59. The optical media according to claim 58, wherein the optical media is a DVD comprising at least two substrates and meets at least one of the following criteria: (a) the substrates remain adhered to one another after the DVD is dropped on its edge onto a concrete floor from a height of 75 cm; (b) the substrates do not delaminate after exposure to an environment consisting of 80° C./85% relative humidity for at least 1000 hours; (c) the cured adhesive exhibits a cured film elongation at break of at least 20%; (d) the cured adhesive exhibits shrinkage upon cure of no greater than about 10%; or (e) the cured adhesive exhibits a shear strength of about 10 lbs to about 100 lbs.

60. The optical media according to claim 58, wherein corrosion is limited to no more than about 15% of the total reflective and semi-reflective layer after the optical media is exposed to an environment of 80° C./85% relative humidity environment for 48 hours.

61. The optical media according to claim 60, wherein the media exhbiits no more than slight corrosion after the optical media is exposed to an environment of 80° C./85% relative humidity environment for 48 hours.

62. The optical media according to claim 58, wherein the corrosion inhibiting component is a heterocyclic compound of the formula R—SH or R1-R2, and R is selected from the group consisting of: (a) a bicyclic compound comprising a heterocycle and a substituted or unsubstituted phenyl, (b) a single-ring heterocycle comprising a substituted or unsubstituted phenyl component as a substituent thereof, and (c) a heterocycle comprising N, S or O in its ring structure, and wherein R1-R2 is selected from the group consisting of: (a) a bicyclic compound comprising a heterocycle and a substituted or unsubstituted phenyl, and (b) a single-ring heterocycle comprising a substituted or unsubstituted phenyl component as a substituent thereof.

63. A radiation-curable optical disc adhesive or lacquer composition for use on an optical disc comprising a reflective or semi-reflective layer, the composition comprising a first component comprising a photoinitiator, components that undergo free-radical polymerization when exposed to radiation and no more than 1 wt. % of a heterocyclic compound comprising a N atom and a double bond, the amount being sufficient to inhibit corrosion of the reflective or semi-reflective layer but insufficient to reduce the cure rate or overall cure of the composition.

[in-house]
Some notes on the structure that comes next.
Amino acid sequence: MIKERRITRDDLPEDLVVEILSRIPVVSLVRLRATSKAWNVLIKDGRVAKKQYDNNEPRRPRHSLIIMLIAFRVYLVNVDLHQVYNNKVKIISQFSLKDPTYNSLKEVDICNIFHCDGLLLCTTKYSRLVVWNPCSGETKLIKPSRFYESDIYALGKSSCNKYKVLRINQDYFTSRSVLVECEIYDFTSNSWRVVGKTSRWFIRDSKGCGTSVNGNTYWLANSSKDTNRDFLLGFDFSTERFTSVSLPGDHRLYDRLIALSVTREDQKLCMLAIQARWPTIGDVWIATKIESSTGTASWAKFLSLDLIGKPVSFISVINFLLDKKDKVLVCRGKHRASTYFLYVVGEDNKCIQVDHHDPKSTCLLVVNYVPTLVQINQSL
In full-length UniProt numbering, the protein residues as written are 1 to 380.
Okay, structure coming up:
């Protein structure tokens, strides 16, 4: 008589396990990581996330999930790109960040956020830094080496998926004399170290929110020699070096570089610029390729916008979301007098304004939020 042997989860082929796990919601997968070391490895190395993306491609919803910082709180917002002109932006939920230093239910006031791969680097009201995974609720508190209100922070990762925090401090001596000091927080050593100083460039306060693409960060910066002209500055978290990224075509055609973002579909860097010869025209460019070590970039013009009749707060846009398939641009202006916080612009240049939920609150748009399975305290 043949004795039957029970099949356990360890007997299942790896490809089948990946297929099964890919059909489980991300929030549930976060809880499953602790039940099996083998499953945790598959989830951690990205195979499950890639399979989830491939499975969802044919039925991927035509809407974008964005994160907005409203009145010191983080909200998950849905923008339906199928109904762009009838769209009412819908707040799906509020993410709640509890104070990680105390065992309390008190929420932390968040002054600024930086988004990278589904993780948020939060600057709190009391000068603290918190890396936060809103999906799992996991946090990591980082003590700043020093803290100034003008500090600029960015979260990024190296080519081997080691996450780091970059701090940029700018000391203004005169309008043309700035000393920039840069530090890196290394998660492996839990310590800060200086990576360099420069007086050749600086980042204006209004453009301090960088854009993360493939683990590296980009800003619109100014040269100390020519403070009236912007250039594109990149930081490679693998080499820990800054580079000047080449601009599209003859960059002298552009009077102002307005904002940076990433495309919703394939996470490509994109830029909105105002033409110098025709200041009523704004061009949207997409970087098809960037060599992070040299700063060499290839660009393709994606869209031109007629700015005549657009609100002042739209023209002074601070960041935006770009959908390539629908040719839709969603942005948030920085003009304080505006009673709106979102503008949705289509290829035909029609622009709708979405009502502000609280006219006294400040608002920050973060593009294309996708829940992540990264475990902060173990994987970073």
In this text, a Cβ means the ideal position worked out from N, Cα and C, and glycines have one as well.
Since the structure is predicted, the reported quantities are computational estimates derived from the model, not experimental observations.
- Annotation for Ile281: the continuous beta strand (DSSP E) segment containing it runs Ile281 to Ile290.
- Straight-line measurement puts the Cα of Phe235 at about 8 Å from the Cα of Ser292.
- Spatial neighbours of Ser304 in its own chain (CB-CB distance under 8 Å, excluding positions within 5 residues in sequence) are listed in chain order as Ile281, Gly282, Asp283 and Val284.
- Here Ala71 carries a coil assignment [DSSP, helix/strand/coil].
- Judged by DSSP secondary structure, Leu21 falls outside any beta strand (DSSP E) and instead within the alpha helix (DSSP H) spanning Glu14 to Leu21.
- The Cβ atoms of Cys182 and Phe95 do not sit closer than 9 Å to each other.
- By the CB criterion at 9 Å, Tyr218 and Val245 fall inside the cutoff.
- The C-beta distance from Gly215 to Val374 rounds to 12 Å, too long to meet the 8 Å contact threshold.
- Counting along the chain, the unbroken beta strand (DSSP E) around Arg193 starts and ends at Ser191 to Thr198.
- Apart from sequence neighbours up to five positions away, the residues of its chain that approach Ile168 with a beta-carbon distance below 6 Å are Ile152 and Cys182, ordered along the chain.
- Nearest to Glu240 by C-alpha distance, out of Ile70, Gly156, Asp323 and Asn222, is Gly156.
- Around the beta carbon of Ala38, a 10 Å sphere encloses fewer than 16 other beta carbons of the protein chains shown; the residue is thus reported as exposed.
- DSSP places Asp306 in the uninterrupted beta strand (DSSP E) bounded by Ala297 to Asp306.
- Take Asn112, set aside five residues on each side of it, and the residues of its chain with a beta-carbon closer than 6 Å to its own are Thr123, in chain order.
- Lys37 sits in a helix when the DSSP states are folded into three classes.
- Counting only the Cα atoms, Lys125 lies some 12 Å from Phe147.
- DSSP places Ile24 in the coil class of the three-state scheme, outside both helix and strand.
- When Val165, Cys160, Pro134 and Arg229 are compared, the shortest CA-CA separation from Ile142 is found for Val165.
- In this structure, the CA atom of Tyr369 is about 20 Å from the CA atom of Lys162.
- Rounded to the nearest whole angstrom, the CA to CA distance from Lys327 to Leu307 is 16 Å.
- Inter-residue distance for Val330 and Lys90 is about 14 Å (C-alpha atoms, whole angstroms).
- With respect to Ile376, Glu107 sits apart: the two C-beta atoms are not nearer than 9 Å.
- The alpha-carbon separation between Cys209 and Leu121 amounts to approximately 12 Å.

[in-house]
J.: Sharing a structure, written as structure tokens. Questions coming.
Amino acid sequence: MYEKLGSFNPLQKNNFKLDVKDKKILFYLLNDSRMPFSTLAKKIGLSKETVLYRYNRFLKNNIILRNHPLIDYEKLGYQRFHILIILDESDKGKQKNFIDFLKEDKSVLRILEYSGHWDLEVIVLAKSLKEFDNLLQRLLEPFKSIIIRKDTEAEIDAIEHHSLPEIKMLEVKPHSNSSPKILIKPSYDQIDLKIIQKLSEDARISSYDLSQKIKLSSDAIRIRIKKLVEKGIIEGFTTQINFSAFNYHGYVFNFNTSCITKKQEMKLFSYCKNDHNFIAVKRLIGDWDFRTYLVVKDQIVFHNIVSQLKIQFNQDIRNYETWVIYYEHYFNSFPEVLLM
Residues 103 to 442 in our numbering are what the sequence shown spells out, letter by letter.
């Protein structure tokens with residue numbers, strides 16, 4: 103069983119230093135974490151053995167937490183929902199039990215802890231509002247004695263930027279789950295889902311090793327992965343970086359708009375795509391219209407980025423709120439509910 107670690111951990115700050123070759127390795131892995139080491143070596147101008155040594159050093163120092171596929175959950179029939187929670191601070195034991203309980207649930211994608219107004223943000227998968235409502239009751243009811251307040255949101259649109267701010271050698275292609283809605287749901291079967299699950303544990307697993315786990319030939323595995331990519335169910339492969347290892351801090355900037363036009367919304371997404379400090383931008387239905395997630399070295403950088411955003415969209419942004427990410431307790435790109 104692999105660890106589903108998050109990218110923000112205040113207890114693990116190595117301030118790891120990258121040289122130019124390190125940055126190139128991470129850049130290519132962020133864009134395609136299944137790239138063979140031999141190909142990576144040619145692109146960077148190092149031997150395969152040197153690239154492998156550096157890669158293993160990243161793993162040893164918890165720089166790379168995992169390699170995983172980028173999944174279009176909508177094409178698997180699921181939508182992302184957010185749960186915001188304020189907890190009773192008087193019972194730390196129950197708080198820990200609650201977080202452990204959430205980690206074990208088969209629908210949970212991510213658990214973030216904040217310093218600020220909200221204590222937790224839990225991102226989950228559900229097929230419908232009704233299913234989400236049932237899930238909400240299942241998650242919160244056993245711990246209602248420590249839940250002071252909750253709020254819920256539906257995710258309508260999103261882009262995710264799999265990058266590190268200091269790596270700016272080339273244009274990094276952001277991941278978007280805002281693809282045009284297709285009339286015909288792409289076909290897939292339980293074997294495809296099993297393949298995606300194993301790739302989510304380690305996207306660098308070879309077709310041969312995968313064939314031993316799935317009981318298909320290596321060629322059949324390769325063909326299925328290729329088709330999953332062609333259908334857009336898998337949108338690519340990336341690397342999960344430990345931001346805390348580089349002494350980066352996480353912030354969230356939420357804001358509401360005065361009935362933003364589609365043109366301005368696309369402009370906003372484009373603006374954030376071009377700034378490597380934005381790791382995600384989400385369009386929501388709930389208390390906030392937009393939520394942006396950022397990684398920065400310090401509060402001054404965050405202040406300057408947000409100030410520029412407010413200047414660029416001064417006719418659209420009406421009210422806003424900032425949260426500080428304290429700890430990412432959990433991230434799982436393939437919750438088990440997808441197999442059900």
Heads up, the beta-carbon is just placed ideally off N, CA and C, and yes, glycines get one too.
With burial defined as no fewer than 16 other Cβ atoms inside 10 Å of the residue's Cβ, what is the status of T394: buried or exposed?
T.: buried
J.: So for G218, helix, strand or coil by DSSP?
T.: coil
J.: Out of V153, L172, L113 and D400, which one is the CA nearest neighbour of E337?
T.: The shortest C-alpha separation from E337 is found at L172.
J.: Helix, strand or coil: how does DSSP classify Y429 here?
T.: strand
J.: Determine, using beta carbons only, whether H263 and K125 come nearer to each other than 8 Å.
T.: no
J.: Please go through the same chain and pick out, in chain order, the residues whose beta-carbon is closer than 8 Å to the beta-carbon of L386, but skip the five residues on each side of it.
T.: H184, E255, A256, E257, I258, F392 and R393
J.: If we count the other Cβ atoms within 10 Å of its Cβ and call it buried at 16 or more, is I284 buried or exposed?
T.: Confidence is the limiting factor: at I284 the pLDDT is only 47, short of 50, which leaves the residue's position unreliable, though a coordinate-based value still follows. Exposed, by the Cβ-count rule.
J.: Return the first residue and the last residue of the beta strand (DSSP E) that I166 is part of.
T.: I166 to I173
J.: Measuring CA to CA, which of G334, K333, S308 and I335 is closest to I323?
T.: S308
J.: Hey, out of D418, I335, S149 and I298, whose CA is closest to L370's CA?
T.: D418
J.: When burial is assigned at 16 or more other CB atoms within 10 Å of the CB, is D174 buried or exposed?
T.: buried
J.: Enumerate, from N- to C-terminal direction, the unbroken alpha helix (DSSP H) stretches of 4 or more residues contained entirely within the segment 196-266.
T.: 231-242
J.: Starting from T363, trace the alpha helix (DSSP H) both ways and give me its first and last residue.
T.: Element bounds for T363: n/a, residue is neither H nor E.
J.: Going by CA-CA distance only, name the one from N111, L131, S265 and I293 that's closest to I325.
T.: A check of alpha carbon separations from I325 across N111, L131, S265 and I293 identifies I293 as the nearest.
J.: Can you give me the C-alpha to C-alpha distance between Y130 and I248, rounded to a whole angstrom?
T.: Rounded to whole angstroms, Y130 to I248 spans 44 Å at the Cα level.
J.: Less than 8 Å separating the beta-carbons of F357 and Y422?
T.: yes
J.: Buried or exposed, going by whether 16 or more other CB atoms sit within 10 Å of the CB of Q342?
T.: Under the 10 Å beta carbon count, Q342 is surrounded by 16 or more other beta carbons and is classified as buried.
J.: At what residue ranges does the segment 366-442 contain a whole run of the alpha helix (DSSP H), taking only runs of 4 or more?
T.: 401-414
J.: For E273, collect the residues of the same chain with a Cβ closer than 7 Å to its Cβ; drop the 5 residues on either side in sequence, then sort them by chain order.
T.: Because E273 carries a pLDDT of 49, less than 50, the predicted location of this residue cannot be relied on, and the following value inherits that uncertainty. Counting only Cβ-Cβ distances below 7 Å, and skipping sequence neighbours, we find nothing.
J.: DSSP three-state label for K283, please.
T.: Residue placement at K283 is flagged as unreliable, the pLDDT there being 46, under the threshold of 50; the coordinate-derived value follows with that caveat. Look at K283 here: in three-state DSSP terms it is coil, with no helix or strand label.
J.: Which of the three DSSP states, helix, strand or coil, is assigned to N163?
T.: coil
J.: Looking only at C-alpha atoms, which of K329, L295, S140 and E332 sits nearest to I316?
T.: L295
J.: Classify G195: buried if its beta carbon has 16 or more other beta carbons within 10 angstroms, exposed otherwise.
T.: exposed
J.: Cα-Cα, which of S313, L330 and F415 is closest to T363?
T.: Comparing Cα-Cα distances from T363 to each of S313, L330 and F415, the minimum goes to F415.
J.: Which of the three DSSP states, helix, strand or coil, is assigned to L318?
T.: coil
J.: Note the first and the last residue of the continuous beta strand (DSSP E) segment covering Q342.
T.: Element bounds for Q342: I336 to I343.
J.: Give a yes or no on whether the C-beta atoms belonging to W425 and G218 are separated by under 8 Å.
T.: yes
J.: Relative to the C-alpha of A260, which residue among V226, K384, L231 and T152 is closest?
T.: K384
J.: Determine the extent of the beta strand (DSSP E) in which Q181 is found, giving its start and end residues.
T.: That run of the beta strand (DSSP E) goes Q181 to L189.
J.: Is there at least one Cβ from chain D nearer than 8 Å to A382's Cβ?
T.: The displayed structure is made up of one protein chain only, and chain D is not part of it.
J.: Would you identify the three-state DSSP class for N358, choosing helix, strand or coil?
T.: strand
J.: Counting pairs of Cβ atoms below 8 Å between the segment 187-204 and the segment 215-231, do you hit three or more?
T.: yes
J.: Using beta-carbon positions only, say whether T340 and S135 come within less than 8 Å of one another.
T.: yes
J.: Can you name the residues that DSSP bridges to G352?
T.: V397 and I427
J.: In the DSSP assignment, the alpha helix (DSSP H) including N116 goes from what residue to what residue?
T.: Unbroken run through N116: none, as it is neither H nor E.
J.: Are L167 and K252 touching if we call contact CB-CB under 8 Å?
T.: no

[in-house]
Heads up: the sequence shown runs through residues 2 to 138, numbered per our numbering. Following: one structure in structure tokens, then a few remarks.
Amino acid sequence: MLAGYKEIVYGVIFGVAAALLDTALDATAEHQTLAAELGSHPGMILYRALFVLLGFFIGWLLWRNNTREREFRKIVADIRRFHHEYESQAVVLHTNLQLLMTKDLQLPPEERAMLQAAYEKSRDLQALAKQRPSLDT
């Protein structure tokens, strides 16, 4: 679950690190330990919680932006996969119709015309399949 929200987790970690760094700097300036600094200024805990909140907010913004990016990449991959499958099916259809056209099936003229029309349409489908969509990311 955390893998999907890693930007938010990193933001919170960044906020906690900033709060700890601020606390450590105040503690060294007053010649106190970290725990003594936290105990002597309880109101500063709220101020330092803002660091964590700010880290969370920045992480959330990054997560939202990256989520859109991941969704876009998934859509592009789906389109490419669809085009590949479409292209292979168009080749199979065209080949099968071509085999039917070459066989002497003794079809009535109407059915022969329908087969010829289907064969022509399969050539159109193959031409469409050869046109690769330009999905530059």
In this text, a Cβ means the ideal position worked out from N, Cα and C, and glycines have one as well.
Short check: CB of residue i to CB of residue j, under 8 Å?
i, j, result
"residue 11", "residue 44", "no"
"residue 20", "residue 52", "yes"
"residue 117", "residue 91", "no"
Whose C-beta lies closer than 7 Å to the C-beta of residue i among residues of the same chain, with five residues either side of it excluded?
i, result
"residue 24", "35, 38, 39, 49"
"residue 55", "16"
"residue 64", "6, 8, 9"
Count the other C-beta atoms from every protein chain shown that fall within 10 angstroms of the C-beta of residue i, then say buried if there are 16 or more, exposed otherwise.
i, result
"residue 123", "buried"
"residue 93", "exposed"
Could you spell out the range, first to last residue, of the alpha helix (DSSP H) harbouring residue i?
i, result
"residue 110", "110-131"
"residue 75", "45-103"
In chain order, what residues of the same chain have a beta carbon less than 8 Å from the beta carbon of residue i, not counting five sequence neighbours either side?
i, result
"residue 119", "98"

64. The radiation-curable optical disc composition according to claim 63, wherein the heterocyclic compound is selected from the group consisting of Compounds 1-12 embedded image and mixtures thereof.

Description:

This application claims the benefit of U.S. provisional patent application No. 60/248,175, filed Nov. 13, 2000, which is incorporated by reference.

TECHNICAL FIELD OF THE INVENTION

The present invention generally pertains to radiation-curable compositions for optical media.

BACKGROUND OF THE INVENTION

In response to the demand for more reliable and higher capacity data storage and retrieval systems, considerable research and development is undertaken on optical media. One form of optical media is an optical disc. The optical disc is encoded with information, and serves as the storage component of data storage and retrieval systems. Optical discs are presently available in a variety of formats including, but not limited to, CD-DA (compact disc-digital audio which includes the common music CD), CD-ROM (compact disc-read only memory), CD-WORM (write-once-read-many), CD-R (compact disc-recordable) and DVD (digital versatile disc), the latter category including, but not limited to, DVD-R, DVD-RW, DVD-RAM, DVD-5, DVD-9 and DVD-18.

Generally, all optical discs include a substrate (in a DVD, at least two substrates held together by an adhesive), a means for encoding data, one or more reflective and/or semi-reflecetive layers and, typically, a coating commonly referred to as a lacquer. The substrate is typically a disc comprised of polycarbonate, PMMA or PECHE, with an opening for a spindle provided in the center of the disc. The encoding of data on an optical disc, in what will be referred to herein as a data layer, can be accomplished in several ways, and in one or more data layers, depending on the desired format. For example, a CD-ROM and DVD encode data directly on the substrate by providing a series of pits and lands on the substrate surface. In contrast, a CD-R and DVD-R utilize a separate data encoding medium, e.g., a dye or other type of data encoding material that is separate and apart from the substrate, as its data layer.